Cuban eventually bought a 25% stake in Rugged Events and its second company, Bull Run, for $1.75 million. The company sold an 80% stake to New Media Investment Group for $10.4 million in 2018. The acquisition gave Cuban a huge return on his investment.

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6. xCraft – $1.5 million

Unmanned aerial vehicles (UAVs) are becoming mainstream. xCraft and its X PlusOne drone model have played a major role in turning this vision into reality.

JD Claridge and Charles Manning teamed up to develop xCraft and make it an industry leader. The two gentlemen sold 20% of the company for $300,000 in season seven.

The five sharks joined forces to invest $1.5 million for a 25% stake. The deal didn’t work out, so the entrepreneurs turned to crowdfunding. In 2021, xCraft had revenue of $199,122 but a net loss of $392,496. After the latest round of funding, xCraft is valued at $34 million.

7. LARQ – $1.5 million

Premium water bottles are all the rage these days. LARQ is a leading supplier in this space, producing self-cleaning water bottles that use UV-C LED technology.

A keen hiker, Justin Wang noticed that most water bottles developed an unpleasant odor over time, so he created LARQ and pitched it on Season 13 of Shark Tank, asking for $500,000 for 1% equity.

This was an eye-popping valuation, but Kevin and Lori eventually agreed to buy a 4% stake for $1.5 million. This would give LARQ projected sales of $30 million in 2022. LARQ is currently valued at around $30 million. In February 2024, LARQ was acquired by Brita.

8. SparkCharge – $1 million

Perhaps the biggest worry for electric car owners is running out of juice on the road. SparkCharge’s Roadie is the first portable electric car charger that solves this problem.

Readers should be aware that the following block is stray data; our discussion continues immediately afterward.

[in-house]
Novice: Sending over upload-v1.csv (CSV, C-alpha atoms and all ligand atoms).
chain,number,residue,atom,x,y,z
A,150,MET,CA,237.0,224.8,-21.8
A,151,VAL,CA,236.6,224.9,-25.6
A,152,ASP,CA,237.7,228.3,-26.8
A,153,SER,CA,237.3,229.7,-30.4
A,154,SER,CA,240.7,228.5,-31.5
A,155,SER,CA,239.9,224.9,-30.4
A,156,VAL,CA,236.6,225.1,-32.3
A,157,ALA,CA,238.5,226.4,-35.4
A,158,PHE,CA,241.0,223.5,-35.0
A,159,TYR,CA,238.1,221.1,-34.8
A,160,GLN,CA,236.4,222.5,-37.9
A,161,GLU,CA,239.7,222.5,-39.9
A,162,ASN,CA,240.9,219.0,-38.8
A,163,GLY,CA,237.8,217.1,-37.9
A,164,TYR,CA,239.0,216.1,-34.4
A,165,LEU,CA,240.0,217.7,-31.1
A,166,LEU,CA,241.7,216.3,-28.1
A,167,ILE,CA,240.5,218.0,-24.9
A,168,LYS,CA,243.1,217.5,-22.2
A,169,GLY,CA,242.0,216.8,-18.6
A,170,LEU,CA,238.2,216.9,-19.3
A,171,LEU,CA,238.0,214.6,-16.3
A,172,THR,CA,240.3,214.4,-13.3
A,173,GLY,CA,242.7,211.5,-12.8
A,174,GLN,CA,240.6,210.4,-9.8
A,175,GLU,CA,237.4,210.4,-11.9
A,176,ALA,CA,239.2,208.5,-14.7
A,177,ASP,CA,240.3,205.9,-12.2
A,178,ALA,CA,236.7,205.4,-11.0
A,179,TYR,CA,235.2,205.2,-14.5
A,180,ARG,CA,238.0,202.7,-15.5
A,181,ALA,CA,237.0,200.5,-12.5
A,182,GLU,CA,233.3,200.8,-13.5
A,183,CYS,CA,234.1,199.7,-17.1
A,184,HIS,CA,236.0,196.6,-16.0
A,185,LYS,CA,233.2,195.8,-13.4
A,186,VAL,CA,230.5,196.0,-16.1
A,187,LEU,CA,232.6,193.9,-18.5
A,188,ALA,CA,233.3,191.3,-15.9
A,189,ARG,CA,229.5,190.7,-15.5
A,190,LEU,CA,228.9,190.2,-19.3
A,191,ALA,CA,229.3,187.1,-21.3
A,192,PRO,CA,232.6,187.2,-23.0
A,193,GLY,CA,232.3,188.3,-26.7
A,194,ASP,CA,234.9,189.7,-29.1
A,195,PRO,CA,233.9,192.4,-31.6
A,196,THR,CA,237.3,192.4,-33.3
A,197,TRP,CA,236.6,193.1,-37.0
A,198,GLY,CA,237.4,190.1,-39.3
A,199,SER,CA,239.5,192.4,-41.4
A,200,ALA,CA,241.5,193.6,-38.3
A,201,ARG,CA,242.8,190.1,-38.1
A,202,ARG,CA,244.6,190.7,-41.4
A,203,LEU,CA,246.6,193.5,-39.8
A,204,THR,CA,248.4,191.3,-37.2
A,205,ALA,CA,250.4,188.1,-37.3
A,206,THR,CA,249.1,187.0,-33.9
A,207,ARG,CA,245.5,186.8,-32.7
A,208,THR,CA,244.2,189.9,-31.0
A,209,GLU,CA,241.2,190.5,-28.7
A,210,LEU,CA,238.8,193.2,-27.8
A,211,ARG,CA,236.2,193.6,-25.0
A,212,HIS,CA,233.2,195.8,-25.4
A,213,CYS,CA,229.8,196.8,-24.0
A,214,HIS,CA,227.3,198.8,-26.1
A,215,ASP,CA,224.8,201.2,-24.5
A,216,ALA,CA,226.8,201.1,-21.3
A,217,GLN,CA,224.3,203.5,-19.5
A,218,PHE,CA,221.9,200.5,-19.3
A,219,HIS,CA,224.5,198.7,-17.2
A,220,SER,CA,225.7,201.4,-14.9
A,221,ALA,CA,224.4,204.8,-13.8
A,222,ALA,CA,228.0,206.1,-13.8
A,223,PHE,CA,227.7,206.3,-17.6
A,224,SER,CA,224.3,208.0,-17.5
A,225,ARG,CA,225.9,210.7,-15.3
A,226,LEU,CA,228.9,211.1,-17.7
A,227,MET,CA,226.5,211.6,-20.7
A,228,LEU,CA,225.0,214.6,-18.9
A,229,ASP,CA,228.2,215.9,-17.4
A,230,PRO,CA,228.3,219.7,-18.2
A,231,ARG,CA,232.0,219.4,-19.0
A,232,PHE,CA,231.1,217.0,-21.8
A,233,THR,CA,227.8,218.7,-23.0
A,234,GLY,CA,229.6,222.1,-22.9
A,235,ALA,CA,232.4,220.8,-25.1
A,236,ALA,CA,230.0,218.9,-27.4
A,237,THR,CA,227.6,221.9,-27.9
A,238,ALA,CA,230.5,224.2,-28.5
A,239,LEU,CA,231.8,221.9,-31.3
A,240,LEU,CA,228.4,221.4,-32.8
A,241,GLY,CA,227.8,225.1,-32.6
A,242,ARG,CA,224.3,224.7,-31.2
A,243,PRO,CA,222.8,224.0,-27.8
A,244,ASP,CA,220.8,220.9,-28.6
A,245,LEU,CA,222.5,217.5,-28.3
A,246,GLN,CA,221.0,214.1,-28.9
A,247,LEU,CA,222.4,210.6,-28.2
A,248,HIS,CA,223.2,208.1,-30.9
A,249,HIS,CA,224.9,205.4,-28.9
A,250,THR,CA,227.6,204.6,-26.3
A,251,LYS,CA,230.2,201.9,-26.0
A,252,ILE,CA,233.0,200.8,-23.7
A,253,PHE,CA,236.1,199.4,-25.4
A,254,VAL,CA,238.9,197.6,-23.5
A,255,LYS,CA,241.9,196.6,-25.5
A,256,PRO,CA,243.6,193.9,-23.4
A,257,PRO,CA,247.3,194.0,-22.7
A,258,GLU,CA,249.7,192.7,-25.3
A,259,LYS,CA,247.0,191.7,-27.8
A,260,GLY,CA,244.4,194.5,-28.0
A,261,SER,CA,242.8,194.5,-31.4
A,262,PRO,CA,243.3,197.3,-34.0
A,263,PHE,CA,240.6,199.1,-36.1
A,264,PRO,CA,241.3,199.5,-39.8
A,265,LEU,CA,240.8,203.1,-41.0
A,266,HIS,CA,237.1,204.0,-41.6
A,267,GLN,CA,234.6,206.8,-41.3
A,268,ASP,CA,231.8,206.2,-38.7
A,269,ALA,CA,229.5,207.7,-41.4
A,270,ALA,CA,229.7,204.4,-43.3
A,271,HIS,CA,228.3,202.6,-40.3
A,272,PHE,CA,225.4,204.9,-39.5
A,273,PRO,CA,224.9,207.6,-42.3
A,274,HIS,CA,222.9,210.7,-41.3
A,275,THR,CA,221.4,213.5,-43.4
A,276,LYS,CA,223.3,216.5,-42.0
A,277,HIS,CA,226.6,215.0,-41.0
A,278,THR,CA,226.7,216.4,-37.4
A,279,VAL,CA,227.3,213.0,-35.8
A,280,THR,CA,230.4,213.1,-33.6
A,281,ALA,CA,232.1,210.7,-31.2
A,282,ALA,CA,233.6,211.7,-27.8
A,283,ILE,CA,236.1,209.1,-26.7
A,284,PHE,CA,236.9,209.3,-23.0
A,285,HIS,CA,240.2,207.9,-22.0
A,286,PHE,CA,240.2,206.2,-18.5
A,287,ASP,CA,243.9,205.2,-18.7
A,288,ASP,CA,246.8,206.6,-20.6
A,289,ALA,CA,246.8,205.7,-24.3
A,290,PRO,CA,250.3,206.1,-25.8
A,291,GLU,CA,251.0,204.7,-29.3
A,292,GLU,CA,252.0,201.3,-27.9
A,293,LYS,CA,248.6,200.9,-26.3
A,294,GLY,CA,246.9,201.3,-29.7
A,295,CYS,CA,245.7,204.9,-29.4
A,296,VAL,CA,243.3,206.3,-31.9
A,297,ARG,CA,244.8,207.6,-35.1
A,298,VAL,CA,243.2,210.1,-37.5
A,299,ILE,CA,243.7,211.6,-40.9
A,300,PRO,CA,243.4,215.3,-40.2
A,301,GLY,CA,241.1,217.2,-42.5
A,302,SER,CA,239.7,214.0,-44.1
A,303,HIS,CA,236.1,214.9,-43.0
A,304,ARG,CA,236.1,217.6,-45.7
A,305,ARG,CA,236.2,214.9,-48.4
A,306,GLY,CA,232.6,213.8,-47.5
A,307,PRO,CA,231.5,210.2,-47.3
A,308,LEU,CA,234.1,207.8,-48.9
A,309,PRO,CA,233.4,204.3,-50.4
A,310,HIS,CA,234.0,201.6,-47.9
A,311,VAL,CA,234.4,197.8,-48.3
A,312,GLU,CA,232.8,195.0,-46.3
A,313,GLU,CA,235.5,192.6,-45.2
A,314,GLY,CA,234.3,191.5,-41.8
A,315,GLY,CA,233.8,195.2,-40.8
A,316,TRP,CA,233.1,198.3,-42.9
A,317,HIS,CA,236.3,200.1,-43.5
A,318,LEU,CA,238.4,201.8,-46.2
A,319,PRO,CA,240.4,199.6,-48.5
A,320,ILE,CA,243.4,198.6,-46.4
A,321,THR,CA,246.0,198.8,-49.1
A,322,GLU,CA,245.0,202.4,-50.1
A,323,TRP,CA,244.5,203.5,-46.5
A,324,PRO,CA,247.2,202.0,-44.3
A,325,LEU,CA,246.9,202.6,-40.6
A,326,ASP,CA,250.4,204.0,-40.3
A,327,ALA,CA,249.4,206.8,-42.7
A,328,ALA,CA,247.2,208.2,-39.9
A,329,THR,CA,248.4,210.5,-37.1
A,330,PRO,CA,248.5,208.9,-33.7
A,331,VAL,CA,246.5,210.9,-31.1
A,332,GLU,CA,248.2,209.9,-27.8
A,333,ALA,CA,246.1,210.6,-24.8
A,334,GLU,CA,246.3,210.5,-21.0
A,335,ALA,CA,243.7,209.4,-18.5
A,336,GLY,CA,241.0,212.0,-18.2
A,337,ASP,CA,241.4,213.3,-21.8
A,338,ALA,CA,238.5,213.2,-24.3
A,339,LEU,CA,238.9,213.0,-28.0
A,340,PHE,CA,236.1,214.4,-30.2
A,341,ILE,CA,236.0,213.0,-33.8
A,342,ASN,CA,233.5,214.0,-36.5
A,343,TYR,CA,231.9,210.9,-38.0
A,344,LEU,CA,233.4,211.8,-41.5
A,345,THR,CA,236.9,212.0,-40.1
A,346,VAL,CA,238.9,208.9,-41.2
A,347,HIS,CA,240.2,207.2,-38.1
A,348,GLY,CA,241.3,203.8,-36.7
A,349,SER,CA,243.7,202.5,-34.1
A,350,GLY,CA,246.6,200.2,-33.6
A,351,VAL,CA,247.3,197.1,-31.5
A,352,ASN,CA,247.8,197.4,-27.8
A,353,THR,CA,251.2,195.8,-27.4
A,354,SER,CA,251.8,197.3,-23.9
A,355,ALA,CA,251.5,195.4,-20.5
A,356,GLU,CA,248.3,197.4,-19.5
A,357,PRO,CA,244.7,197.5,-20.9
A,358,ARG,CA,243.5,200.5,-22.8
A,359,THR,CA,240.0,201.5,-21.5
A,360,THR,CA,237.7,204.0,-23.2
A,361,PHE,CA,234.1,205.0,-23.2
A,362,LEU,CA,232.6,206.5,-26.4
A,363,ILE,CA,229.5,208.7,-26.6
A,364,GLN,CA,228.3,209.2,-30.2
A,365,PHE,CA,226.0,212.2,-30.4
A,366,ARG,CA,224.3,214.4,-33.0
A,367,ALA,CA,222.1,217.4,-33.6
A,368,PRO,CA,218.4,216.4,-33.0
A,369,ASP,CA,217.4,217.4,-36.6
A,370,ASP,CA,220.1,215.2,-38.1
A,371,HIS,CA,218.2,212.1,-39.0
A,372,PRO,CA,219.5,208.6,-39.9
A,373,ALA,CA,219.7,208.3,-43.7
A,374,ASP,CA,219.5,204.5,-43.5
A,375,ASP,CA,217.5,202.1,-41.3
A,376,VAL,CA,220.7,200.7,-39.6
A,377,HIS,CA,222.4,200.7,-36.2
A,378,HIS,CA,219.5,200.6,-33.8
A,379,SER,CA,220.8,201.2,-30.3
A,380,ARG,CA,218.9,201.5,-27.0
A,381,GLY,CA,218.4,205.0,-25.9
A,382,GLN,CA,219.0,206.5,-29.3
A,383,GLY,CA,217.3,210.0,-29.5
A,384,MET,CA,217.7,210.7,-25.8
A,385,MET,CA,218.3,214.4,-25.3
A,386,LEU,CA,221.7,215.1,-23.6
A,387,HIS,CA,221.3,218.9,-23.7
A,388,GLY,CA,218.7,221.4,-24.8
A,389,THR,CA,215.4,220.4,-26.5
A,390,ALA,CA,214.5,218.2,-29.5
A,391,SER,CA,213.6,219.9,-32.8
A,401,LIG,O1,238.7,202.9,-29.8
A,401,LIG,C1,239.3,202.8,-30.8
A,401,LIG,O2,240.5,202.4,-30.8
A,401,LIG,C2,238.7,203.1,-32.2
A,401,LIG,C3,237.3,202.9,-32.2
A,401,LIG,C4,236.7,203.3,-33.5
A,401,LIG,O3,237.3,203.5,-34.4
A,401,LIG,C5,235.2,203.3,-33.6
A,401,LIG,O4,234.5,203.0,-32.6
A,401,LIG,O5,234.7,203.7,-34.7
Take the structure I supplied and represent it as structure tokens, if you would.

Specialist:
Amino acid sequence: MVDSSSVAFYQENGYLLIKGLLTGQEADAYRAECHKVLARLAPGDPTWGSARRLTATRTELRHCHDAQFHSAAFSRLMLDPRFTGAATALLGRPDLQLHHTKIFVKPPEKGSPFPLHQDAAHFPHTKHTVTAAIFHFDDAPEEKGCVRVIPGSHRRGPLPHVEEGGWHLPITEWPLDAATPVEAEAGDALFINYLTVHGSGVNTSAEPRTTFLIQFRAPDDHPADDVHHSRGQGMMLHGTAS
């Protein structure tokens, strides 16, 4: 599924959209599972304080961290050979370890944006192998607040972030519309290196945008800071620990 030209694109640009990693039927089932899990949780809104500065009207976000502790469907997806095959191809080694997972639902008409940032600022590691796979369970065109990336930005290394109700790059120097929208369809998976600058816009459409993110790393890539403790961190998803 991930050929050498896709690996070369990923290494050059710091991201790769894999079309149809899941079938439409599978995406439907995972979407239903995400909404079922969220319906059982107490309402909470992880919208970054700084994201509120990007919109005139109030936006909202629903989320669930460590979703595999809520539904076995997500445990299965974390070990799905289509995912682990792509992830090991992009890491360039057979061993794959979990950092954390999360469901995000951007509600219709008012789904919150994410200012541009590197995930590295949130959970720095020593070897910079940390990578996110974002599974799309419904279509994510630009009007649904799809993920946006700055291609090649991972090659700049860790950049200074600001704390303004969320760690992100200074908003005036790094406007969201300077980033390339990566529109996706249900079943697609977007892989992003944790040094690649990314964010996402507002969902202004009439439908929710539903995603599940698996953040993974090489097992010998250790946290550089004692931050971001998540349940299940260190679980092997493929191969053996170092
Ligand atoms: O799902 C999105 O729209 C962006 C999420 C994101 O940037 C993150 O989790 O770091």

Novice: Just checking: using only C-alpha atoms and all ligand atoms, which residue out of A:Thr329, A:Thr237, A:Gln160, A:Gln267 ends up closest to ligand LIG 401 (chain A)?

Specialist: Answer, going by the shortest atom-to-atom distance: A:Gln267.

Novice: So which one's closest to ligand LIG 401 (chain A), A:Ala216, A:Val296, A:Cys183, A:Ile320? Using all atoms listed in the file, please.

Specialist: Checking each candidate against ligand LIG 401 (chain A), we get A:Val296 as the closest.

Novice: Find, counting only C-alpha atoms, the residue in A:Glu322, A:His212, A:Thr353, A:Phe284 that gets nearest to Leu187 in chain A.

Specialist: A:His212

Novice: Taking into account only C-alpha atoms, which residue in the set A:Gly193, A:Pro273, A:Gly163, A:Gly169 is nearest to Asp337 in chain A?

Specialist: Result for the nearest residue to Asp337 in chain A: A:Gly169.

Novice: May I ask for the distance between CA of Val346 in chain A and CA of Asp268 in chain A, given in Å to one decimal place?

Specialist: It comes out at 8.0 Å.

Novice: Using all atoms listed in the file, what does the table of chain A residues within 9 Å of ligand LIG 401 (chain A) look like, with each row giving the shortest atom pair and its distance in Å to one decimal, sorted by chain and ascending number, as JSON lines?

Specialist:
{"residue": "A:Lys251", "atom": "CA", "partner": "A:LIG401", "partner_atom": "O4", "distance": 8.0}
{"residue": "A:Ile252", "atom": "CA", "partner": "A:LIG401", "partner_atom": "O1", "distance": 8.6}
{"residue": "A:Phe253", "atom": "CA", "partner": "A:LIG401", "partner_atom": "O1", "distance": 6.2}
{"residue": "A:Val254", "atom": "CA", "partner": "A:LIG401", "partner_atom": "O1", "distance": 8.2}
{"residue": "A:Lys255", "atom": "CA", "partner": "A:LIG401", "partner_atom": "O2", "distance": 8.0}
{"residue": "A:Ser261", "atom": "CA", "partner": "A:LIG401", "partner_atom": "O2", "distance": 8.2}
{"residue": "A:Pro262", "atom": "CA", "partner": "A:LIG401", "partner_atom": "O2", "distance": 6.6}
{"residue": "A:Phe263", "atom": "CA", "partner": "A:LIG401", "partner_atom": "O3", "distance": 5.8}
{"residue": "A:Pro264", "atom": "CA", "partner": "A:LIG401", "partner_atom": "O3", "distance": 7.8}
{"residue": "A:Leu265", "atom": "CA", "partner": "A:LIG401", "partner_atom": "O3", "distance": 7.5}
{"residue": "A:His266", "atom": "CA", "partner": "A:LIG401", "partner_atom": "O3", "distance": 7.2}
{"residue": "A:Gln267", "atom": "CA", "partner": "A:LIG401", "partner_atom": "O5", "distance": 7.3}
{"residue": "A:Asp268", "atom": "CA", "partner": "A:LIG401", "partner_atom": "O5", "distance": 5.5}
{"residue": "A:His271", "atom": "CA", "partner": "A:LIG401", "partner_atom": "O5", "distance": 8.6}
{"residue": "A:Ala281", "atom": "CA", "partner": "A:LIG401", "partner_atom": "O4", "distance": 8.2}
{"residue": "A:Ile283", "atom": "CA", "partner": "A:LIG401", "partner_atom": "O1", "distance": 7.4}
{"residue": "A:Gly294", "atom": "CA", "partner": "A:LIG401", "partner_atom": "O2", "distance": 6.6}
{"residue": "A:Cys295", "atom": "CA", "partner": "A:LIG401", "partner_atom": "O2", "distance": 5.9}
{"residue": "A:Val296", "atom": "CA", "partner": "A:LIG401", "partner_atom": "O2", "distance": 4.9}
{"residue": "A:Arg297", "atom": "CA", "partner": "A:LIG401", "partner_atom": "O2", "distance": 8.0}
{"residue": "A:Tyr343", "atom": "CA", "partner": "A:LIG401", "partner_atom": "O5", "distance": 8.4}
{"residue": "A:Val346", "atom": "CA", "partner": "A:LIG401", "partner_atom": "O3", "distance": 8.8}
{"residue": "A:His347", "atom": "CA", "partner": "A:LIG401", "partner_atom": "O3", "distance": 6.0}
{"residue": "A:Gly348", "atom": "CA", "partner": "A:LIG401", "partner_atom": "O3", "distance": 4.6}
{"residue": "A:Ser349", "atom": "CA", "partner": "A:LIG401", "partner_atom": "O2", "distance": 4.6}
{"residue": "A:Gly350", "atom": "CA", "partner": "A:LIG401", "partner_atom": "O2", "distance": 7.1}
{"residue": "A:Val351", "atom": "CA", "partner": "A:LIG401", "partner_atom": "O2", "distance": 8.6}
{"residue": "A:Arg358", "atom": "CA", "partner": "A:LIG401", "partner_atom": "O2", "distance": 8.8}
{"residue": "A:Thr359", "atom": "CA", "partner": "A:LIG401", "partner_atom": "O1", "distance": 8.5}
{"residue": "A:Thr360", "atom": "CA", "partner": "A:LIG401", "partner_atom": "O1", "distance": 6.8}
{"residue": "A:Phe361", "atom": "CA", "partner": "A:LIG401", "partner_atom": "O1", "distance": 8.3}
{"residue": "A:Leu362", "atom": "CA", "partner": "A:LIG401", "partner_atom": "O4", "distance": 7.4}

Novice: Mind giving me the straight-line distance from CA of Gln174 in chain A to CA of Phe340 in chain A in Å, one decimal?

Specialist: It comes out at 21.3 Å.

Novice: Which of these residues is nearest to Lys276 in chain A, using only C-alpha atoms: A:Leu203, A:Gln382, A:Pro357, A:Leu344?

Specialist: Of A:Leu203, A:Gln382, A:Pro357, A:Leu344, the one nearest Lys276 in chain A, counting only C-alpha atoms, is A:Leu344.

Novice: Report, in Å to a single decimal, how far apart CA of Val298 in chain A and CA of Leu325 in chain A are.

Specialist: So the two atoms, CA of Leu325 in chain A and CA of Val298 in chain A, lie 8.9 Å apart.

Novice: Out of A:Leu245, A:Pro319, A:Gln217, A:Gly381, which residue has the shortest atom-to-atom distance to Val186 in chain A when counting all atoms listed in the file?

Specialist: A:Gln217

The device was invented by Chris Ellis and Josh Aviv to fill a gap in the market. They entered Tank in Season 12, asking for $1 million for a 6% stake.

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Lori and Mark teamed up to invest $1 million for a 10% equity stake and a 4% advisory share. SparkCharge subsequently raised money from other investors. It now has annual sales of $5 million and a valuation of $30 million.

9. Breathometer – $1 million

Breathometer is an alcohol tester for smartphones. It can measure the alcohol content in the blood and help users determine whether it is safe to drive after drinking.

Charles Yim invented the product and pitched the app in season five, asking $250,000 for 10% equity. He struck a five-way deal with five sharks for $1 million each and 30% equity each.

This helped Breathometer earn millions of dollars in sales. However, the Federal Trade Commission found that the product’s advertising was misleading and discontinued it. Breathometer is still in business, but is considered one of the worst deals on the show.

10. Yellow Leaf Hammock – $1 million

Woven by the Mlabri tribe in Thailand, the Yellow Leaf Hammock is more than just a tool for relaxation, it is also designed to help the disadvantaged.

Married couple Rachel Connors and Joe Demin founded the hammock company and sold a 7% stake in Season 11 for $400,000 in an effort to grow the business.

Guest investor Daniel Lubetzky purchased a 25% stake for $1 million. Currently, Yellow Leaf Hammocks has annual revenue of approximately $1 million and is valued at $4 million.

Categories: Shark Tank